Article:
death 529: George Harrison, Bob Dylan, The Beatles ‘When Everybody Comes To Town’

B. Dylan G. Harrison Beatles When Everybody Comes To Town Death 529

This LP sold for $327 on eBay in January of 2013, attesting to its rarity.

B. Dylan G. Harrison Beatles When Everybody Comes To Town Death 529 II

< Track list needed >

The Home Of Bob Dylan
Woodstock, New York
Late November 1968

1. I’d Have You Any Time (Bob Dylan/George Harrison)
2. Nowhere To Go (Bob Dylan/George Harrison)

Bob Dylan and George Harrison (guitar & vocal).

Notes.

Second song also called Everybody Somebody Comes To Town.

Mono recording, 4 minutes.

http://www.bjorner.com/DSN01660%201968.htm#DSN01675

Also this gem of a Dylan site http://www.searchingforagem.com/ [no longer exists] states that the song is copyrighted under the title “Nowhere To Go”

NOWHERE TO GO Bob Dylan/George Harrison, 1968 H
Actual copyrighted title for the song performed at Woodstock, New York State, as a duet by Bob and George in November 1968 and circulating mainly under the title EVERY TIME SOMEBODY COMES TO TOWN

**** On a side note: ****

3:22 of this recording had also been released in 1977 on the original 20 X 4 LP on Ruthless Rhymes JPGR 1177. It was reissued in 1979 and 1981 on JPGR REMIME OBS-204 with the last track on Side 2 omitted and in lesser sound quality. That last track was the released version of ‘Homecoming Queen’, the bootleg has as track 7 an offline recording of the song mistitled as ‘Penny O’Dell’.  The performer is Kenny O’Dell and the song was issued in 1972 on the B-side of his single “Lizzie And The Rain Man” on Kapp K-2178 – no Paul or Beatles involvement and certainly not from Paul’s 1974 Nashville sessions as claimed.

****

George+Harrison+harrison_dylan

“I liked I’d Have You Anytime because of Bob Dylan. I was with Bob and he had gone through his broken neck period and was being very quiet, and he didn’t have much confidence. That’s the feeling I got with him in Woodstock. He hardly said a word for a couple of days. Anyway, we finally got the guitars out and it loosened things up a bit. It was really a nice time with all his kids around, and we were just playing. It was near Thanksgiving. He sang me that song and he was very nervous and shy and he said, ‘What do you think about this song?’ And I had felt strongly about Bob when I had been in India years before, the only record I took with me along with all my Indian records was Blonde On Blonde. I somehow got very close to him, you know, because he was so great, so heavy and so observant about everything. And yet, to find him later very nervous and with no confidence. But the thing he said on Blonde On Blonde about what price you have to pay to get out of going through all these things twice, ‘Oh mama, can this really be the end?’ And I thought, ‘Isn’t it great?’ because I know people are going to think, ‘Shit, what’s Dylan doing?’ But as far as I was concerned, it was great for him to realise his own peace and it meant something. You know, he had always been so hard and I thought, ‘A lot of people are not going to like this,’ but I think it’s fantastic because Bob has obviously had the experience.” (George Harrison in his book I, Me, Mine)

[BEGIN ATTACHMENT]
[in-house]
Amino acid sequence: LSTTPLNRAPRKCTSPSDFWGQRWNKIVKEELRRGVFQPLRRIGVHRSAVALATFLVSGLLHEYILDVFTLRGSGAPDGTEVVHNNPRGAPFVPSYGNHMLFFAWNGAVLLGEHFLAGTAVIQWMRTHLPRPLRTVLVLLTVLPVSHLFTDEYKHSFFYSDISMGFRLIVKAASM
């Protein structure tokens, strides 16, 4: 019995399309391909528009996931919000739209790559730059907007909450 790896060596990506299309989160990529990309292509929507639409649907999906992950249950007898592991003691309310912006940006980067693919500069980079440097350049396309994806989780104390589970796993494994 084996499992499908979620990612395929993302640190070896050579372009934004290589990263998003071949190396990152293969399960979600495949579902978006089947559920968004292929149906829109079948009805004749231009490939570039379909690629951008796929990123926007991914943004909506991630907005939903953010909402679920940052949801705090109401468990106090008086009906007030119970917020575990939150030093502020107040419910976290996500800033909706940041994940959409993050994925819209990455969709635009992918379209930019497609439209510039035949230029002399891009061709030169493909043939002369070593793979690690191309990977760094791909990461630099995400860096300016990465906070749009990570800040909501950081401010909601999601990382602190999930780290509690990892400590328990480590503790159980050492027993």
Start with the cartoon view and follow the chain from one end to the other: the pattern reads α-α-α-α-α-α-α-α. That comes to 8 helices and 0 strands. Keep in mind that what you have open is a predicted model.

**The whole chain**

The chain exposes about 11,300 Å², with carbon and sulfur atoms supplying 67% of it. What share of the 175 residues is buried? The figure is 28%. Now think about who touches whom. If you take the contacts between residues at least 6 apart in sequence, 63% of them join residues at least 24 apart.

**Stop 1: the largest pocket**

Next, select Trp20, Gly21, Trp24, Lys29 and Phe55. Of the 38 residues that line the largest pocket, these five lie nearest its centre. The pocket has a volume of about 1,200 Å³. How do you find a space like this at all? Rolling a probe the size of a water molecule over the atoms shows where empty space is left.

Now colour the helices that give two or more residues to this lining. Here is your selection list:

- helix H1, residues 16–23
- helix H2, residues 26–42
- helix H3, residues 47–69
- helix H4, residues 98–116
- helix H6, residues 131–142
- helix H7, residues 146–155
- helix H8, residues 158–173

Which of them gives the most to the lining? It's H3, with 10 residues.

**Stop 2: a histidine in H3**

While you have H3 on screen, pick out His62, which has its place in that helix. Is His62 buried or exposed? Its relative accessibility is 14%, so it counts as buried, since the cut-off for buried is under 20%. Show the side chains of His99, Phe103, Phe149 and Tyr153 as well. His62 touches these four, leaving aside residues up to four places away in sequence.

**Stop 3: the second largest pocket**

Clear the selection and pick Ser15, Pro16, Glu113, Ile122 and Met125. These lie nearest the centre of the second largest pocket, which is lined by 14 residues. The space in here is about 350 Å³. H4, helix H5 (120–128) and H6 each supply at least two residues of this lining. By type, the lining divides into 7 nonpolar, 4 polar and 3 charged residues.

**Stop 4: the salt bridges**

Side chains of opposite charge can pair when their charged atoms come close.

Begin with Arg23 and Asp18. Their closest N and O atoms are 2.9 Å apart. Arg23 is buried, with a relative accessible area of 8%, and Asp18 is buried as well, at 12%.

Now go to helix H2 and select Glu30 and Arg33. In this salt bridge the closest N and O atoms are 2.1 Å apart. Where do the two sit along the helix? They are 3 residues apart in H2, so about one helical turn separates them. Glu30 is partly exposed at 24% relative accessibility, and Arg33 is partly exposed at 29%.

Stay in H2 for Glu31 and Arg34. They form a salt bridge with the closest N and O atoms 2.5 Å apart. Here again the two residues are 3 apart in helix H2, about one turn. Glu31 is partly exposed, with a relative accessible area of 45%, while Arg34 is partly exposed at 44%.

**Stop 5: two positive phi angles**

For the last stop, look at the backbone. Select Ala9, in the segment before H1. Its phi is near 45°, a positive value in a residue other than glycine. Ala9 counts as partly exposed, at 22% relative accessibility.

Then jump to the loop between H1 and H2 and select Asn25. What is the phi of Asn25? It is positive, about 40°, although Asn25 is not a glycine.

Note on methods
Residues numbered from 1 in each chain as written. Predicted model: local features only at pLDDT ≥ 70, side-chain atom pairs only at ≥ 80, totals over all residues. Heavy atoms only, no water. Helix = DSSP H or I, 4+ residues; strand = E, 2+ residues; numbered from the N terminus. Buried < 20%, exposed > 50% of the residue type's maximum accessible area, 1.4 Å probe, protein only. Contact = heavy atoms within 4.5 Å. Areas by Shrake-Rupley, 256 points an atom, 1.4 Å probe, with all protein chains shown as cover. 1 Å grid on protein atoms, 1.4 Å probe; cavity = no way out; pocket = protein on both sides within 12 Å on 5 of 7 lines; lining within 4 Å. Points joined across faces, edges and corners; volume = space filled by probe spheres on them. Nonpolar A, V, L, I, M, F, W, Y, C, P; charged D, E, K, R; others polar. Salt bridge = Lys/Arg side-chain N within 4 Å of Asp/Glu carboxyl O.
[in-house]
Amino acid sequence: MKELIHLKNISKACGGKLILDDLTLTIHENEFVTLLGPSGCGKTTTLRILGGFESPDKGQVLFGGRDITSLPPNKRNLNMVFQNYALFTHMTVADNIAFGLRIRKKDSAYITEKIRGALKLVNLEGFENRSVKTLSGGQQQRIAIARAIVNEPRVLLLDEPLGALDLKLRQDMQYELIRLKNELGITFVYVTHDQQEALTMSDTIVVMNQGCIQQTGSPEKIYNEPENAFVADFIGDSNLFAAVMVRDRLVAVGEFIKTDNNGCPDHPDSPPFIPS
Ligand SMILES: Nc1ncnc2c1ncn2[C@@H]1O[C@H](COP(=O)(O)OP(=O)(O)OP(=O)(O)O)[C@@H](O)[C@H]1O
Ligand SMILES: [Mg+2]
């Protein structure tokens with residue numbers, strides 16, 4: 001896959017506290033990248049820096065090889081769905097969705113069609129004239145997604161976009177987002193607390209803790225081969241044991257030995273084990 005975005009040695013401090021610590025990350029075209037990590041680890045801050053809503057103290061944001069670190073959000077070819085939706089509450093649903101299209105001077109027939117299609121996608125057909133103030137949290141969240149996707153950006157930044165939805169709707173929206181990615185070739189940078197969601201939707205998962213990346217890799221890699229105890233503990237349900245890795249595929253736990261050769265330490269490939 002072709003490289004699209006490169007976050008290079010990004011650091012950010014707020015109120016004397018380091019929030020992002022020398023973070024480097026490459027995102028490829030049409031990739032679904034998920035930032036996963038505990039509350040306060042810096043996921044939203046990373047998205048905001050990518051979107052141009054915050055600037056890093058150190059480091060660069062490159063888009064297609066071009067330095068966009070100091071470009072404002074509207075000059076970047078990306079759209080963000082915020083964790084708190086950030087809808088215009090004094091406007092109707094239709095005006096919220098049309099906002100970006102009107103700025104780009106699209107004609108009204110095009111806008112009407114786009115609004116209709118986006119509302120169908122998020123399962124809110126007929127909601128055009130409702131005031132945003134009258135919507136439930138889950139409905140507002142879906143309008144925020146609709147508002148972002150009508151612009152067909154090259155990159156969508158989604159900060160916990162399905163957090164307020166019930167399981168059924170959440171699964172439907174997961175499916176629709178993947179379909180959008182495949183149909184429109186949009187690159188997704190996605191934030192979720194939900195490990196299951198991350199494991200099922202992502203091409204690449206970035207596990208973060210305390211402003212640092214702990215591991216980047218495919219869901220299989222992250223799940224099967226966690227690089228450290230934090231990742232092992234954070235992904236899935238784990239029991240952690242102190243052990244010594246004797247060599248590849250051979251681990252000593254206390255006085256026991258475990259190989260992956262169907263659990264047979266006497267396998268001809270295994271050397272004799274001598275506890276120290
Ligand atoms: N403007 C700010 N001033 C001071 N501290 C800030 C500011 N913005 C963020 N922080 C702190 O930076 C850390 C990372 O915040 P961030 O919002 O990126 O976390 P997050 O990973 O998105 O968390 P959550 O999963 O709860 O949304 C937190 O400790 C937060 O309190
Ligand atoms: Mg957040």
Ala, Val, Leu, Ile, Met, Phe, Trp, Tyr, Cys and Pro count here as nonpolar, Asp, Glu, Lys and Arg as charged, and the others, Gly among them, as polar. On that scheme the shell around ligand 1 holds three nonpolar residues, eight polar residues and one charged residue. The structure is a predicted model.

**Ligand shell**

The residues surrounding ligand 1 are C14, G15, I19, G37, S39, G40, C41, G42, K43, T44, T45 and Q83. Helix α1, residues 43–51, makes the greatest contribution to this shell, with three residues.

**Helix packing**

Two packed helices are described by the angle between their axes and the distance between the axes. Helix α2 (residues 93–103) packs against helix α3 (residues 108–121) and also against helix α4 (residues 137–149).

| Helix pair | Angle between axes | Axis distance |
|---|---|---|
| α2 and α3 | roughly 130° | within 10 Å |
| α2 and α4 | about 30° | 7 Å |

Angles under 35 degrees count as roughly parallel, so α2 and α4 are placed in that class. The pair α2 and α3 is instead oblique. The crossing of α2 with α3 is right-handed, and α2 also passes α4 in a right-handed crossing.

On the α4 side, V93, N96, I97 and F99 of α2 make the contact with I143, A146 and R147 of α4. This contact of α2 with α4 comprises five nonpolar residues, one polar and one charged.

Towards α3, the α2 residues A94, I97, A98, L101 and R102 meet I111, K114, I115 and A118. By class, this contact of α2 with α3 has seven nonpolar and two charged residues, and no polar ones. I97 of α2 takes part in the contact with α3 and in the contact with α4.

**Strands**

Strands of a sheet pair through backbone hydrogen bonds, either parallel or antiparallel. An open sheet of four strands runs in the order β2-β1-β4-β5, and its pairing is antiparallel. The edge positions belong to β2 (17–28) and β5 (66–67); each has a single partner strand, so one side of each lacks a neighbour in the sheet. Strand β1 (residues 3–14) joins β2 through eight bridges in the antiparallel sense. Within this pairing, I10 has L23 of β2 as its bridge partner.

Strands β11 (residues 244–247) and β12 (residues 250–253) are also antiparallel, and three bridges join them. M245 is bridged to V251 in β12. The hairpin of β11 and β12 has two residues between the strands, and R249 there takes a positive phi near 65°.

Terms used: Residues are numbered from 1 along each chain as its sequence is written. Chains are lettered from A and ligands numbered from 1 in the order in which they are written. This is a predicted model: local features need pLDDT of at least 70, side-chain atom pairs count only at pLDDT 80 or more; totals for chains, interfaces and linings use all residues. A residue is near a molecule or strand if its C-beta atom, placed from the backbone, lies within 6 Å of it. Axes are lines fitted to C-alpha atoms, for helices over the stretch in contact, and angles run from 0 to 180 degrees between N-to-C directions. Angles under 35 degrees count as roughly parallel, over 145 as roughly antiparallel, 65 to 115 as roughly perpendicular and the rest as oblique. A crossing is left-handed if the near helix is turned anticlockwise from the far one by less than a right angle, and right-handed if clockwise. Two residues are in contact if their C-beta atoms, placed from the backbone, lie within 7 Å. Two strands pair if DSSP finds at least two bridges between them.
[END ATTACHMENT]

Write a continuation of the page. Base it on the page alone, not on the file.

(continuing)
“Well known for his unsophisticated musical approach, particularly in comparison to the Beatle’s broader “harmonic palette”, author Simon Leng suggests, Dylan was eager to learn some more-advanced chords. Harrison began demonstrating various major seventh, diminished and augmented chord shapes – “all these funny chords people showed me when I was a kid”, as he later put it. While playing a G major 7 chord and taking the shape up the guitar neck to B♭ major Harrison realised, “Ah, this sounds like a tune here …” Keen to break down the barriers that Dylan had imposed during the visit, Harrison came up with the song’s opening verse:

    Let me in here
    I know I’ve been here
    Let me into your heart
    Let me know you
    Let me show you
    Let me grown upon you.

At the same time, he was pushing Dylan to come up with some words of his own. Dylan duly supplied a rejoinder,[30] in the form of the song’s bridge-chorus:

    All I have is yours
    All you see is mine
    And I’m glad to hold you in my arms
    I’d have you anytime.

“I was saying to him “write me some words”, and thinking of all this: Johnnie’s in the basement, mixing up the medicine, type of thing, and he was saying, “show me some chords, how do you get those tunes? I was saying to him, ‘You write incredible lyrics,’ and he was saying, ‘How do you write those tunes?’ So I was just showing him chords like crazy, and I was saying, ‘Come on, write me some words,’ and he was scribbling words down and it just killed me because he had been doing all these sensational lyrics. And he wrote, ‘All I have is yours/All you see is mine/And I’m glad to hold you in my arms/I’d have you anytime.’ The idea of Dylan writing something, like, so very simple, was amazing to me.”
– George Harrison, on writing “I’d Have You Anytime” with Bob Dylan

“Beautiful – and that was that,” Harrison concludes in I, Me, Mine. He subsequently finished the composition alone.” (from the wikipedia article on I’d Have You Anytime)

Dylan Harrison 68

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